The new general manager of a recently acquired, innovative global business asked me if his new staff, which spanned seven countries and four continents, could understand English.
“Yes, they can,” I responded with a smile. “But it doesn’t mean they can understand you, or will follow your direction.”
They had all learned English, as taught in their country of origin. However, serious differences with their understanding of English were evident. It is not only the differences of learning American English or the “King’s English”. Each individual learned English through the lens of his or her own national culture and family setting, the same word in English may take on a different meaning, from person to person.
Additionally, members of his staff will have different cultural norms for inclusion, authority, formality and timeliness.
The advice I gave him was to speak slowly, repeatedly check for clarity and agreement, and spend a lot of time in each of the country’s offices to check that his plans were being followed.
Leading global teams is difficult, whether they are executive teams, functional teams, or innovation teams. But success, as difficult as it may be, generates big dividends!
One of the key findings of the 2017 InnovationOne Global State of Innovation Survey was that well-managed global innovation projects provide one of the strongest advantages for companies, over their competition.
Below are my top 7 recommendations for creating well-managed, global teams.
- Clarify the mission of the team and how the team’s work aligns with the company’s global strategies.
- Put clear operating norms in place for weekly meetings, one-on-one meetings, communications, raising and resolving conflict, sharing data and reports, budget and resource allocation, making decisions, and escalation routes to higher-level management (for when the team gets stuck). Using digital technology to collaborate and share files improves effectiveness.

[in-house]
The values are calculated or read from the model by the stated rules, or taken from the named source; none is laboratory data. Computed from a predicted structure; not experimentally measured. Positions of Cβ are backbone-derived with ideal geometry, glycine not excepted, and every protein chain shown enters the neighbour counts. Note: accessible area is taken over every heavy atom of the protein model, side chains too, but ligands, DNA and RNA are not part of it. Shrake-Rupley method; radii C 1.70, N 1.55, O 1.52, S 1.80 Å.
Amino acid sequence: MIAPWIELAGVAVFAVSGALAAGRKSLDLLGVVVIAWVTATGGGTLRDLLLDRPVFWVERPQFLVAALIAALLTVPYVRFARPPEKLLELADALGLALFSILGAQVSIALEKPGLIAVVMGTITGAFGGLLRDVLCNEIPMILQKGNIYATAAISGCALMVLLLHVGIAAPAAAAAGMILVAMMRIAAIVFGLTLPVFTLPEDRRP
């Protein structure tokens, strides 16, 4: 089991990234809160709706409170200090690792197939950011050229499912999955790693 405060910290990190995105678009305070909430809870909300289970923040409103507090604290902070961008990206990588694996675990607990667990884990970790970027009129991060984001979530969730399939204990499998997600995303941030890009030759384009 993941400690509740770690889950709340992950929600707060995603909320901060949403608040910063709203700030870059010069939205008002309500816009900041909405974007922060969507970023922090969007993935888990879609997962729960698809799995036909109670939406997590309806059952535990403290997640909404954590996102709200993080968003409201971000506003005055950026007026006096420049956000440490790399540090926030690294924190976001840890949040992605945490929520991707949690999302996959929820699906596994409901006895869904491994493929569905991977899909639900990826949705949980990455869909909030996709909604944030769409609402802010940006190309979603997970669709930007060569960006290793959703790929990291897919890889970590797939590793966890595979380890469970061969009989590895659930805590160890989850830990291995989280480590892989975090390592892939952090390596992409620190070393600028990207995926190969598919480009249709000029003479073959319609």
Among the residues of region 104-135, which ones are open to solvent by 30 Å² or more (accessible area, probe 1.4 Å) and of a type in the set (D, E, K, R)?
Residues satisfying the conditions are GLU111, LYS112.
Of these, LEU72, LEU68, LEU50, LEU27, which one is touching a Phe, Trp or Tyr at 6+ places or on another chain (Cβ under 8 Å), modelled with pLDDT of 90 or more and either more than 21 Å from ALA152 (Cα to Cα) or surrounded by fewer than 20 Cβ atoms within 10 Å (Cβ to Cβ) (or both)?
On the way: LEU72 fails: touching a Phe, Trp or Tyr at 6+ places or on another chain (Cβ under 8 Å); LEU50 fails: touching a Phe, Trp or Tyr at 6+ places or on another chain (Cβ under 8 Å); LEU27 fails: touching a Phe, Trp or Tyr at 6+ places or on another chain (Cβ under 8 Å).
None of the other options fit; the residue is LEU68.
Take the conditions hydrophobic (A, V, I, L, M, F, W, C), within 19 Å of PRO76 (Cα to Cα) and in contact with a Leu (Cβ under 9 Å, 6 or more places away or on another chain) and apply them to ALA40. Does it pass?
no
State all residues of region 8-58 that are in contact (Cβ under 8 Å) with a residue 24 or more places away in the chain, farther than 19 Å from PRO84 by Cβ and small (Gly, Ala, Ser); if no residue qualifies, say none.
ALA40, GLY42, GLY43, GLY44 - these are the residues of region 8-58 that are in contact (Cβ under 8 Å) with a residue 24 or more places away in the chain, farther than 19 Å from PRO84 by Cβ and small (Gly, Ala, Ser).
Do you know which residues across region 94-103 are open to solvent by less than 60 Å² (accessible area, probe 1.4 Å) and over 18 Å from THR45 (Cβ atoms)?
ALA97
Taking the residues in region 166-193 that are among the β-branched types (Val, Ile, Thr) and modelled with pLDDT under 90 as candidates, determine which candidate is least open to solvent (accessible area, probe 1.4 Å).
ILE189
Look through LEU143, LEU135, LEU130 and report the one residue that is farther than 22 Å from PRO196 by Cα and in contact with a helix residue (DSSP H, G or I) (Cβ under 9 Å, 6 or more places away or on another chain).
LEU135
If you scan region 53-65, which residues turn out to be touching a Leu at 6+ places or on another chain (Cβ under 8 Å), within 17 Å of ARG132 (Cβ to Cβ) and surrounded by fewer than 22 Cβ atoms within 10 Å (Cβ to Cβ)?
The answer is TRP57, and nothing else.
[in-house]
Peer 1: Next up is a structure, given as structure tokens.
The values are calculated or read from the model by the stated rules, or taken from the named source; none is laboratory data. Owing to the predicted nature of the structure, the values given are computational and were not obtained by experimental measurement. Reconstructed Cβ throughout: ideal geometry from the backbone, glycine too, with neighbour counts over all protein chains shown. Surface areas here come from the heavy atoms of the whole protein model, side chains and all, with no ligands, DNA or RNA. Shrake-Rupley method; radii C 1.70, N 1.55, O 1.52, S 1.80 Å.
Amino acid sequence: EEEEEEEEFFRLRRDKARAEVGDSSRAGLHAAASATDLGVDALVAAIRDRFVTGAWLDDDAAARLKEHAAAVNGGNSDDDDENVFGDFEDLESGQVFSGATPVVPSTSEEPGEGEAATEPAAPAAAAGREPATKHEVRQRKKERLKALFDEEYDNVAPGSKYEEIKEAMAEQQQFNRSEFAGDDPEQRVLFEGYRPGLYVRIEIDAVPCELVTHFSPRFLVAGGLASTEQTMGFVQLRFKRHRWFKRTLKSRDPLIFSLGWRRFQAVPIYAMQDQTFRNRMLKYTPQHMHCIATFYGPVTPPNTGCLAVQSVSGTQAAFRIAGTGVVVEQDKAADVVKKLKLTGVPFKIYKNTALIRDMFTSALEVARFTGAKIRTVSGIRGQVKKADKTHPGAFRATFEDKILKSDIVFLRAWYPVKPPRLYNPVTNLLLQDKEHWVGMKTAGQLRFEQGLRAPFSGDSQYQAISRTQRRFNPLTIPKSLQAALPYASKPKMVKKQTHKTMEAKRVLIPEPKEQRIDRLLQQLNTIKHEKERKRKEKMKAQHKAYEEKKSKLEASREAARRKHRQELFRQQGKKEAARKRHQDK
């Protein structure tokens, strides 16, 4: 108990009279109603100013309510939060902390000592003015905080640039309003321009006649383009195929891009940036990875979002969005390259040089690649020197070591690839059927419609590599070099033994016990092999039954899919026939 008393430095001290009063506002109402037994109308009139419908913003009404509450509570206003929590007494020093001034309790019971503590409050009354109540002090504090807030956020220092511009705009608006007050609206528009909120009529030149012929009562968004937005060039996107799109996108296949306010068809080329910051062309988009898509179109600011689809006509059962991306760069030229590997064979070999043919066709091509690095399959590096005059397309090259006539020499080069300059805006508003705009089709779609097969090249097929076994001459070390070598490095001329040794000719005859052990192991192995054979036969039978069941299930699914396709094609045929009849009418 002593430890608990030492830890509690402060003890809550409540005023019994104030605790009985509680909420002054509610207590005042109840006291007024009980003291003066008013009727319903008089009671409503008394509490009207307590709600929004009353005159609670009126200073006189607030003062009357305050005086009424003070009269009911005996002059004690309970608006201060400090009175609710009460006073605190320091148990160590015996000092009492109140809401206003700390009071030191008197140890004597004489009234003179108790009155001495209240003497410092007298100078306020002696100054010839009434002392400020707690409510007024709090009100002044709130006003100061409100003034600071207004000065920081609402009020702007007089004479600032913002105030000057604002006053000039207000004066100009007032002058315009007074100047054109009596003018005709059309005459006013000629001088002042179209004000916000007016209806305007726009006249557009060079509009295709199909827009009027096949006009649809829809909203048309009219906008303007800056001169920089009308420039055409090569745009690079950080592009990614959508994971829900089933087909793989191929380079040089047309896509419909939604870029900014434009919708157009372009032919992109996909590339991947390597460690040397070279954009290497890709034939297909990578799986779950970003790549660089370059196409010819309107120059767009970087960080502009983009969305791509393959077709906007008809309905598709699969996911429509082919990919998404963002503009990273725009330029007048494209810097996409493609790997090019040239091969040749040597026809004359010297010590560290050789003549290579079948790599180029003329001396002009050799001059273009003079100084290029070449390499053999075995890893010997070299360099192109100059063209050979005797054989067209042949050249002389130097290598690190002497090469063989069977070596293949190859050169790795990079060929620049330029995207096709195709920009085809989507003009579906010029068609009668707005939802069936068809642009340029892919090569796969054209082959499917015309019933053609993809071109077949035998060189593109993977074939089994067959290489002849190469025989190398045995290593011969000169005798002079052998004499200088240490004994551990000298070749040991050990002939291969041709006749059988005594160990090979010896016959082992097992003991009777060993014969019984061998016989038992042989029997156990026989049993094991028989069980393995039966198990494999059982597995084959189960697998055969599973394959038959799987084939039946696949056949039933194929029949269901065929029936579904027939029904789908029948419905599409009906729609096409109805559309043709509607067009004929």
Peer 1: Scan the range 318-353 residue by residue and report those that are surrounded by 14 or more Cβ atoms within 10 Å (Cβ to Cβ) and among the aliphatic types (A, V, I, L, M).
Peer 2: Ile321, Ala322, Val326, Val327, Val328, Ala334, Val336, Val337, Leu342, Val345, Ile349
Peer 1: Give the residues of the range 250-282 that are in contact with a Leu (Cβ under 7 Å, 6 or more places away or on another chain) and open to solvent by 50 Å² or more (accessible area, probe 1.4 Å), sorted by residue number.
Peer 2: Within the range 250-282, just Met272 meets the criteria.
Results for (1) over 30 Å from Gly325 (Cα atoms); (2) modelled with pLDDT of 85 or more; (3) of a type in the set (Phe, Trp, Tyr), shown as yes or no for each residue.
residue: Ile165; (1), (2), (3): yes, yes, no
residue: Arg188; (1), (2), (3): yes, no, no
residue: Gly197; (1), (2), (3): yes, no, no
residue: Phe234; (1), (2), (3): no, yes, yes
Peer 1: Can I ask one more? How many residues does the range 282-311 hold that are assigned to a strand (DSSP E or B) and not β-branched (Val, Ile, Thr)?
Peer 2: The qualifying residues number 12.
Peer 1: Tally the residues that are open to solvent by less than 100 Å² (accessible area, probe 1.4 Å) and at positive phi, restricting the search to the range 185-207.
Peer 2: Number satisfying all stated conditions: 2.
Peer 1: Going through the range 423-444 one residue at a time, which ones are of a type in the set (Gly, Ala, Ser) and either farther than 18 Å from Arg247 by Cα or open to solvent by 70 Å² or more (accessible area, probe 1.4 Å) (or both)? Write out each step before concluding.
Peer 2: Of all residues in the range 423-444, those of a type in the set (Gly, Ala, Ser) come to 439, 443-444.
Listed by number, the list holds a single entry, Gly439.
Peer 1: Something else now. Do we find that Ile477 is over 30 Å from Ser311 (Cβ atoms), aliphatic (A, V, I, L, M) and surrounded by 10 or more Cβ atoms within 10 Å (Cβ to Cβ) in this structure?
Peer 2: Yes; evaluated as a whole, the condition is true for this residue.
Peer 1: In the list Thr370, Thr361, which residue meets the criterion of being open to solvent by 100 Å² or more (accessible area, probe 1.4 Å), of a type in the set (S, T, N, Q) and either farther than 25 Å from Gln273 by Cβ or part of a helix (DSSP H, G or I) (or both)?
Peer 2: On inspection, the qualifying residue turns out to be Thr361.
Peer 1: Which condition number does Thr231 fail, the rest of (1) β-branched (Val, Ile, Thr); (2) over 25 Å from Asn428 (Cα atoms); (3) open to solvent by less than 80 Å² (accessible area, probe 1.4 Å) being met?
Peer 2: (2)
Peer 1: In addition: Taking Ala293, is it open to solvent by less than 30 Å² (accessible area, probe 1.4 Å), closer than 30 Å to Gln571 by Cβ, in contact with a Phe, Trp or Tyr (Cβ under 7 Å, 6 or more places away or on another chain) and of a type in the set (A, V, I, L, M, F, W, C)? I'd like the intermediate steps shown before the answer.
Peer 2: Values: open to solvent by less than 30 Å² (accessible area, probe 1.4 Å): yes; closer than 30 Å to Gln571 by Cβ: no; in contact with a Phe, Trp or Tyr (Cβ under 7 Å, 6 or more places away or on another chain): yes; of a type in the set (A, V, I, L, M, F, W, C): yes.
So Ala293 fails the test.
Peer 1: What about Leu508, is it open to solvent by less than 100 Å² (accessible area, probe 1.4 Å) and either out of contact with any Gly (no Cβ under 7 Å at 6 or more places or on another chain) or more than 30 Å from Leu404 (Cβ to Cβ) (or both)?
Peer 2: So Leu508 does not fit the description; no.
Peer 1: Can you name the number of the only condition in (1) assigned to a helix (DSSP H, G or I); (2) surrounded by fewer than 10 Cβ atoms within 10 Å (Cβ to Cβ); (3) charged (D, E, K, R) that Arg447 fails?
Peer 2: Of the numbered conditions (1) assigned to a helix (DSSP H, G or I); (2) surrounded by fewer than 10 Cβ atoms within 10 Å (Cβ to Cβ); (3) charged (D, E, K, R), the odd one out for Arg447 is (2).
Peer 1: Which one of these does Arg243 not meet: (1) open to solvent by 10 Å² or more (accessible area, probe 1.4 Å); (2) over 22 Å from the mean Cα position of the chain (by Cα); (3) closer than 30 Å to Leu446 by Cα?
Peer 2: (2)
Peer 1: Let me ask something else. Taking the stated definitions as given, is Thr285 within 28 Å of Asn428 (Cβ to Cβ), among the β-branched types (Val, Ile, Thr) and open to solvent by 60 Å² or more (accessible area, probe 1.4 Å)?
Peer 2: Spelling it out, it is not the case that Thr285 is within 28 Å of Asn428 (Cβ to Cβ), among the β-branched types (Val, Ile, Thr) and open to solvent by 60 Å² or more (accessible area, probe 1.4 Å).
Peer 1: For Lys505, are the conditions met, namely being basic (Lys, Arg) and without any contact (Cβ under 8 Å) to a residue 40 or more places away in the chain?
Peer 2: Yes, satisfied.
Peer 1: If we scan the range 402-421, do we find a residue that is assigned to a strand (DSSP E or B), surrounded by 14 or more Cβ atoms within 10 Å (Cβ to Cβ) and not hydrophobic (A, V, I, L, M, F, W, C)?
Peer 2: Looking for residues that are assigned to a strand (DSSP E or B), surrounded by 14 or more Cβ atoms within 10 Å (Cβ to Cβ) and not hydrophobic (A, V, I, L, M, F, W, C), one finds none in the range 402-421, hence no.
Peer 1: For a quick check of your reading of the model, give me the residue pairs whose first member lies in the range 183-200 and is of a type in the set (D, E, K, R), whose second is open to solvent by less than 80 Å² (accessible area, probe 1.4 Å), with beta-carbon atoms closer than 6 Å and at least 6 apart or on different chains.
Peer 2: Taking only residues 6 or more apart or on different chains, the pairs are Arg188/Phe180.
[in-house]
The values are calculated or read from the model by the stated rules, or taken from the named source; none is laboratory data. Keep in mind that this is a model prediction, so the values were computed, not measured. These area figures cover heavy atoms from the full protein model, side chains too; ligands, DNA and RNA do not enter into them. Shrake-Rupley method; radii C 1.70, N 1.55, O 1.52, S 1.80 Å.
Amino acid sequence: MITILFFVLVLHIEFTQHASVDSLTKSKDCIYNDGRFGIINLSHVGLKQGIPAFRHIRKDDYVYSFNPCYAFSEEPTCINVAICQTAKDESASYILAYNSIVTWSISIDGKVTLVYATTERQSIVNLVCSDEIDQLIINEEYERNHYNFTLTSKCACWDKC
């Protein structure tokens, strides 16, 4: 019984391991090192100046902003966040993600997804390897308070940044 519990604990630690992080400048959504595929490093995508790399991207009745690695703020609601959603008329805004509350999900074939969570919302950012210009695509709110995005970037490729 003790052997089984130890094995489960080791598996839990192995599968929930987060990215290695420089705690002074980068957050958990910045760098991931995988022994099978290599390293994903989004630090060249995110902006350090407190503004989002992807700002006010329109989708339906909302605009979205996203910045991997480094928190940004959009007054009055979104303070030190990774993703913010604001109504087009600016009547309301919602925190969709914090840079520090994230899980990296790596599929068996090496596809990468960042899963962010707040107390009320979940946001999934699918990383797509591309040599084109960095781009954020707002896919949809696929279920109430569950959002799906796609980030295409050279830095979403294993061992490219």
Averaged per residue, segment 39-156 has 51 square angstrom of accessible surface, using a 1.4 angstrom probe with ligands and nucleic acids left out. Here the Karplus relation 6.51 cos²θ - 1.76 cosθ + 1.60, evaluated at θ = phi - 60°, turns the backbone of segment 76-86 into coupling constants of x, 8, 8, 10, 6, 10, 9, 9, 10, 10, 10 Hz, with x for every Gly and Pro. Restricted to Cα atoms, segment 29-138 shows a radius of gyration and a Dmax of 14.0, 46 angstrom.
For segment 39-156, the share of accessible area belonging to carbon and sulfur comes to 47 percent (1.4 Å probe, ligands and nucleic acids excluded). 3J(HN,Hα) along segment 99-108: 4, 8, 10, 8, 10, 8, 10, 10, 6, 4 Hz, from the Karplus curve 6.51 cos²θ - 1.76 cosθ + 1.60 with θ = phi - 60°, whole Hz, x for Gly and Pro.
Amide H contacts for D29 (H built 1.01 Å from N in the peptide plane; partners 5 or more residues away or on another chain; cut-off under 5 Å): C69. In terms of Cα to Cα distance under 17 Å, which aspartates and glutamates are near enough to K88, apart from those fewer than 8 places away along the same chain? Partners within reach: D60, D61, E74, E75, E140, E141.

- Ensure that team members can contribute equally to the team’s discussions, rather than having one or two people who dominate. This generates positive energy that carries over and fosters collaboration, positive communication, and effectiveness between meetings. There is growing research evidence to support this.
- Select or train team members, who can be empathetic and read complex emotional states on people’s faces – especially from other people’s eyes. Use high performance video-conferencing technology for meetings, so that globally dispersed team members can more easily stay in touch. There is growing research evidence to support this.
- Ensure your team has the right balance of cognitive and visual diversity to generate innovative ideas and guard against groupthink.
- If budgets allow, teams should meet face-to-face quarterly to maintain alignment and relationships. Face-to-face meetings are still the best option when complex analysis is required, or difficult decisions need to be made.
- Practice Tsedal Neeley’s “I am here for you” concept and frequently contact your team members to ensure they have what they need to achieve success.
Victor Assad is the CEO of Victor Assad Strategic Human Resources Consulting and is a Managing Partner of InnovationOne. He consults on innovation, global talent strategies, developing agile leaders and teams, and other strategic initiatives. Questions? Please e-mail Victor at firstname.lastname@example.org. Visit http://www.victorhrconsultant.com. For innovation visit http://www.InnovationOne.io.